Case 4



While public health surveillance has traditionally focused on   infectious diseases, public health officials are now targeting environmental   issues, occupational matters, injuries, chronic diseases, birth defects,   risky health behaviors, and genetics. It is for this reason that statistical   data has become vital for public health officials, and why for public health   officials, it is important to be able to use and interpret data.

For the Unit IV Case Study, research the sources of data in your   community, and address the following points.

Briefly describe your local sources of data used by public   health officials.

Discuss one strength and limitation of collecting data in your   community.

Describe an intervention or program to address a public health   issue in your community. Provide an example of how data was interpreted to   the local community in the intervention or program. Please provide a link to   the intervention or program.

The case study must be a minimum of three pages in length,   excluding the title and reference pages. To support your ideas, use a minimum   of three outside sources; one may be the textbook. Additionally, use a source   that focuses on your community, such as a newspaper or journal article. 

Assignment must be formatted using APA style, including in-text   citations and references.


The Practical Playbook.   (2015, December 7).The importance of data to public health and health care   collaborations [Video file]. Retrieved from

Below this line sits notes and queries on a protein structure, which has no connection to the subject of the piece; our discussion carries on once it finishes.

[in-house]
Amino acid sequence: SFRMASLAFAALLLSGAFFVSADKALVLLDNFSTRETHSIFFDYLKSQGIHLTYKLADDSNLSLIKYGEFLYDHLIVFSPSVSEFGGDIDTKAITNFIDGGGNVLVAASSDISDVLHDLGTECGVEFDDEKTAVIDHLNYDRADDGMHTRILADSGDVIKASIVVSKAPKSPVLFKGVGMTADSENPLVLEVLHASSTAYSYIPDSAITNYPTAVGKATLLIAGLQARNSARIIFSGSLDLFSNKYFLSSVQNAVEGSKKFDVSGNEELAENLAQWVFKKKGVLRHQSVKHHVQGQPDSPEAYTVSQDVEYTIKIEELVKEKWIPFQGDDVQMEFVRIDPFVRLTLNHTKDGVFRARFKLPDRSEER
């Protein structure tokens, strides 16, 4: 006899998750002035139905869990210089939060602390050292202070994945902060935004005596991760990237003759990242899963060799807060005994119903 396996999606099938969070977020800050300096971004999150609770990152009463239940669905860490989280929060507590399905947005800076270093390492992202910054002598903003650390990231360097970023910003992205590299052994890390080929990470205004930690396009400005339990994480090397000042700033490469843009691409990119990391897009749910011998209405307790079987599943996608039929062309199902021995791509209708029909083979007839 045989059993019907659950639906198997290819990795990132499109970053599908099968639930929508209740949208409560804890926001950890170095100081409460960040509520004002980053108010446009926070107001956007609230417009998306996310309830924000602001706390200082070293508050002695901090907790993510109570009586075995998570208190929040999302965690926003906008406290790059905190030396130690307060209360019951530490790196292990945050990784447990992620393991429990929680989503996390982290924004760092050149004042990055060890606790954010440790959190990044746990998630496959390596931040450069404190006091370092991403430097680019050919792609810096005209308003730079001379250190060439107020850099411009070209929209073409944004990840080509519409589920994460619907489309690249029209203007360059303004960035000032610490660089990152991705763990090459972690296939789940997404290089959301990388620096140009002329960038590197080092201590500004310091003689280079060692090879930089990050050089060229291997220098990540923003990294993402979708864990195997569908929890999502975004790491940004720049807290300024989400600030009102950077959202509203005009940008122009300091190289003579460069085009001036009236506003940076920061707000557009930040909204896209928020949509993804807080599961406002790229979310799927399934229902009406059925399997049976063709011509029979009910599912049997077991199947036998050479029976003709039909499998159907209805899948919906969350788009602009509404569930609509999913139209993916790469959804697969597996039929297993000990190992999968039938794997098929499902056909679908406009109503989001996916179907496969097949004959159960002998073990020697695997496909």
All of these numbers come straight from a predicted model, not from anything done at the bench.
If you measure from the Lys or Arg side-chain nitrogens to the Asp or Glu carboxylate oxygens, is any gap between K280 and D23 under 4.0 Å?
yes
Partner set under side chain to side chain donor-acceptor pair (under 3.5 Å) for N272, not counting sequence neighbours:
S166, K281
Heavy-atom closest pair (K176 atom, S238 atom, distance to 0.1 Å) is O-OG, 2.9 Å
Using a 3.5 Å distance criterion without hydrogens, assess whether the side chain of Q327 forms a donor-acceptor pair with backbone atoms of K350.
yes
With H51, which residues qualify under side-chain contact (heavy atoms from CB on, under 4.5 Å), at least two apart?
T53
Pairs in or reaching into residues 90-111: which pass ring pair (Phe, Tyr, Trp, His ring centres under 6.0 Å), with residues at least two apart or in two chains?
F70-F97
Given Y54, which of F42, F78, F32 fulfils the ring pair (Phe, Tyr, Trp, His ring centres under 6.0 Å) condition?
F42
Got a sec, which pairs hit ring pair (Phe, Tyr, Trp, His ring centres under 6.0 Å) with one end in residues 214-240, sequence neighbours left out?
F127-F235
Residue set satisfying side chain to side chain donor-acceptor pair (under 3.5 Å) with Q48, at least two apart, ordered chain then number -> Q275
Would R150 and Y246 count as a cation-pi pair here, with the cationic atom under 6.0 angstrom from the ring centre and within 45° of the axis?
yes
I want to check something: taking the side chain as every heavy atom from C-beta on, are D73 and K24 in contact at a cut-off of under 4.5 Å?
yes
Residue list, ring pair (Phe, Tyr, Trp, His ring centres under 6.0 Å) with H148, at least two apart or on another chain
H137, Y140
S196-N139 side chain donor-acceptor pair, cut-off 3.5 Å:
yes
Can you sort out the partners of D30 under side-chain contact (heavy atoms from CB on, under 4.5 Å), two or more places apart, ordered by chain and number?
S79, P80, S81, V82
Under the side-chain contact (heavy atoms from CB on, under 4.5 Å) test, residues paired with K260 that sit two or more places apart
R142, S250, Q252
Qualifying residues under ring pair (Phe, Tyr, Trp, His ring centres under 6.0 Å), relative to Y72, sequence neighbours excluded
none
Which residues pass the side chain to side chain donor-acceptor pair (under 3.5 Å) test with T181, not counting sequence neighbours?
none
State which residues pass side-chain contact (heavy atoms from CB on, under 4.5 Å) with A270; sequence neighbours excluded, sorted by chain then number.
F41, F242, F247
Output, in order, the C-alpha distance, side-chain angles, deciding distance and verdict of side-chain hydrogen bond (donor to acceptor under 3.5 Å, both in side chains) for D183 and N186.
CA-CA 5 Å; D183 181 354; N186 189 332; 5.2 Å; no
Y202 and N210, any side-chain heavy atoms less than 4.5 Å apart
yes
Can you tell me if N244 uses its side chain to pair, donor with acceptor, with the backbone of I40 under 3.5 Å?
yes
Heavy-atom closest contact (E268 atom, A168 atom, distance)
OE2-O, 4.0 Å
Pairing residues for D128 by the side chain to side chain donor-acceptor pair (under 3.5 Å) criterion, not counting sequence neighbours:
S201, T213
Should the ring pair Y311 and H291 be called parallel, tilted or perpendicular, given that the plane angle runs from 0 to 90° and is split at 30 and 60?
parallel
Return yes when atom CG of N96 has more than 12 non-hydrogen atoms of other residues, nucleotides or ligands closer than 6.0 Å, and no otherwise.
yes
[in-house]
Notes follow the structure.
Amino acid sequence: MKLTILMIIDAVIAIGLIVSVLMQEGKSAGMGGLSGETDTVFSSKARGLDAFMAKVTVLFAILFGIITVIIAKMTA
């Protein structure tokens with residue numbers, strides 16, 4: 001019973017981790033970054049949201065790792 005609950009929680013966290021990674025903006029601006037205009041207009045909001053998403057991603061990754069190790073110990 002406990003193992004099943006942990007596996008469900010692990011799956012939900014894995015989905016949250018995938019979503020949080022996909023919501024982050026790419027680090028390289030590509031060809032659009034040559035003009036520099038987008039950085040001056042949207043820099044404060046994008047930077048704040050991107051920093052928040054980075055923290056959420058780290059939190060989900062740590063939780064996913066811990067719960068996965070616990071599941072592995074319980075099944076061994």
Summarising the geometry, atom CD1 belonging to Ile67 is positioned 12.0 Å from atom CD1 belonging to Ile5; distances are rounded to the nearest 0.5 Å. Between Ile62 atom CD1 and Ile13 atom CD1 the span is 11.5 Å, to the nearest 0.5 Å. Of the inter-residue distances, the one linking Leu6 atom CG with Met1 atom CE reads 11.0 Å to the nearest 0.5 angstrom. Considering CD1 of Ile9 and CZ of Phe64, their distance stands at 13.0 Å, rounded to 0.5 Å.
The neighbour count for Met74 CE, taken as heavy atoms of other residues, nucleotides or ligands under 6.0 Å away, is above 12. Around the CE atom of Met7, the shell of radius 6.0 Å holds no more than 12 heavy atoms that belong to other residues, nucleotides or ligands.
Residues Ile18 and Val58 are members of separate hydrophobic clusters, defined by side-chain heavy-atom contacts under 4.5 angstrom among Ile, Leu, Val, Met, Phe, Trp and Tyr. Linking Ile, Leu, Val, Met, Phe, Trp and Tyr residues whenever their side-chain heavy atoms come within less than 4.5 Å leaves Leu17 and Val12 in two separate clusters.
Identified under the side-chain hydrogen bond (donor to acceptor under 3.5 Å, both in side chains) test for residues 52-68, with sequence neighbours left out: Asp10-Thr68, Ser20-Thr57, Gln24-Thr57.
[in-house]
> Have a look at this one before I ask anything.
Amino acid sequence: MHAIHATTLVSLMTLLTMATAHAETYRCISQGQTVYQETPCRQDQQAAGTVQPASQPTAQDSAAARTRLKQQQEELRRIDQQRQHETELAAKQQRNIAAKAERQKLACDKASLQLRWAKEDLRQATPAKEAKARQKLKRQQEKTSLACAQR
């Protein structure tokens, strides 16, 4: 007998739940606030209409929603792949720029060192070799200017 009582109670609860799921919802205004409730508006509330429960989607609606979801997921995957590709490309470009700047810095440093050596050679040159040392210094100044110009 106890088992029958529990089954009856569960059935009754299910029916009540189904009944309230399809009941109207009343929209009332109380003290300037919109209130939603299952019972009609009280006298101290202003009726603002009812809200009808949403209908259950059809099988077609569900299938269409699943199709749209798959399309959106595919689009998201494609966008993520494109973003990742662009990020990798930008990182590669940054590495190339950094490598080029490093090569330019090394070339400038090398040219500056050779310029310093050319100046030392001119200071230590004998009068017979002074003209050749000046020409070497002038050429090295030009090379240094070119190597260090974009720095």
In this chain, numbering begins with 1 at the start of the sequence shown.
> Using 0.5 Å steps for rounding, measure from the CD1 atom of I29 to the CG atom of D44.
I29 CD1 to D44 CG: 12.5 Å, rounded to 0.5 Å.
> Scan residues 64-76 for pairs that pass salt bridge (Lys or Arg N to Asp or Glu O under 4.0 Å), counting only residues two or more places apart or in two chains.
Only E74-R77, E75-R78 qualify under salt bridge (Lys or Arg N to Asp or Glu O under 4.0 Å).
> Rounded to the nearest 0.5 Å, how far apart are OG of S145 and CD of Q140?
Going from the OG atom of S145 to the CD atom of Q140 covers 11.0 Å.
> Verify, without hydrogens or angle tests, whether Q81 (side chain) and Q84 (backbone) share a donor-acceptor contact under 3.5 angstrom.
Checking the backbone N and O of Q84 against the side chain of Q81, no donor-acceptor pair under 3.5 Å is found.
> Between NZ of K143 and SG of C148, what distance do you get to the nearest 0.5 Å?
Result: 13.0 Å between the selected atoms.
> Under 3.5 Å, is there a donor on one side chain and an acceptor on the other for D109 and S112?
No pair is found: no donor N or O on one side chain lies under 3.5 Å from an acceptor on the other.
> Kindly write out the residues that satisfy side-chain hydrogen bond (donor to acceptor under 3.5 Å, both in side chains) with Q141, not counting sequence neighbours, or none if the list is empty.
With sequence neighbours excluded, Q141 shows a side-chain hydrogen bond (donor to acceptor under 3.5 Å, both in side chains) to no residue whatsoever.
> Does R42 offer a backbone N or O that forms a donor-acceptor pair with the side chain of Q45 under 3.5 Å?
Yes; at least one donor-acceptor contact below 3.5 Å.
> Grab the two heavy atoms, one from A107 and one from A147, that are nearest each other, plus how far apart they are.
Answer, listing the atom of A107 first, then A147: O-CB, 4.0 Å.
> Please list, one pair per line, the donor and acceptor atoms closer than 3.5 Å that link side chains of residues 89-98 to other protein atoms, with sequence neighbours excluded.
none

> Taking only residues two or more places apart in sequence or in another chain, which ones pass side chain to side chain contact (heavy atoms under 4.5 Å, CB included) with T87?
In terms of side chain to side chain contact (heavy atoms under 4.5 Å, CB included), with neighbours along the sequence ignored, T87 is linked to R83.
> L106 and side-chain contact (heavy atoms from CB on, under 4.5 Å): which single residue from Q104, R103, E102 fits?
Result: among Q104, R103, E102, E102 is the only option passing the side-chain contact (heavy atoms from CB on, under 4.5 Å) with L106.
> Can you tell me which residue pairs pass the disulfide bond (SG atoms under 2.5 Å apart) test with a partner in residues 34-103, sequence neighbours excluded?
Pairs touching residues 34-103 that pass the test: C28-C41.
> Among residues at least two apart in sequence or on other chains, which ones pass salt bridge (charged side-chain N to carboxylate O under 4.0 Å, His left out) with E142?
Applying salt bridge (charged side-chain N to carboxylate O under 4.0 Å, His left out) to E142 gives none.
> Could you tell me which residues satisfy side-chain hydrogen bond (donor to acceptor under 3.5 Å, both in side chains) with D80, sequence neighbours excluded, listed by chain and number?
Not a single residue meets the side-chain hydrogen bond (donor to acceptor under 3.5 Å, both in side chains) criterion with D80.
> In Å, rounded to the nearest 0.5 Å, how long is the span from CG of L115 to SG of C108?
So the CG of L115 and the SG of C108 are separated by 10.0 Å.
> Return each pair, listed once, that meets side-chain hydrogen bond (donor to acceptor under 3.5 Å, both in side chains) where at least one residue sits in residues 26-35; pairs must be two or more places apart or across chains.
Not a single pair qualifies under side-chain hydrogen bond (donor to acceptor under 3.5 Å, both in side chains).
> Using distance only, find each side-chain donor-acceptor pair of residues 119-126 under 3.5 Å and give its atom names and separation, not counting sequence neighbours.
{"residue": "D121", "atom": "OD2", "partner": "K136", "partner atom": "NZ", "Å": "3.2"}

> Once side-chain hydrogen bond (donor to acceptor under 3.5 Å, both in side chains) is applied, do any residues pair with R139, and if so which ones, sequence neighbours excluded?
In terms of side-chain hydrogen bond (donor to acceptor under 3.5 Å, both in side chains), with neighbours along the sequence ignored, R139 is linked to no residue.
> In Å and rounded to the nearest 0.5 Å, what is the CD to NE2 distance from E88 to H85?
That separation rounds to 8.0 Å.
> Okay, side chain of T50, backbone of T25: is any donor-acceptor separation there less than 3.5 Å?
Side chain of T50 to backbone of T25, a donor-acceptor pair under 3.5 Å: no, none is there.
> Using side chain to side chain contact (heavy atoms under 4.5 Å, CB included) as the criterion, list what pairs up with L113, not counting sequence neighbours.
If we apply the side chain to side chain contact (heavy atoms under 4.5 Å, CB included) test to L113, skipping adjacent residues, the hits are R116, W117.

American Cancer Society. (n.d.). Key statistics for ovarian   cancer. Retrieved from  

Birkhead, G. S., Klompas, M., & Shah, N. R. (2015, March).   Uses of electronic health records for public health surveillance to advance   public health. Annual Review of Public Health, 36, 345–359. 

Centers for Disease Control and Prevention. (n.d.). About the   behavioral risk factor surveillance system (BRFSS). Retrieved from  

Pandpstock001. (2015). Female doctor and display of   electronic health record system (ID 71844937) [Photograph]. Retrieved   from  

Schneider, M.-J. (2017). Introduction to public health (5th   ed.). Burlington, MA: Jones & Bartlett Learning. 

World Health Organization. (2014). Sentinel surveillance.   Retrieved from 

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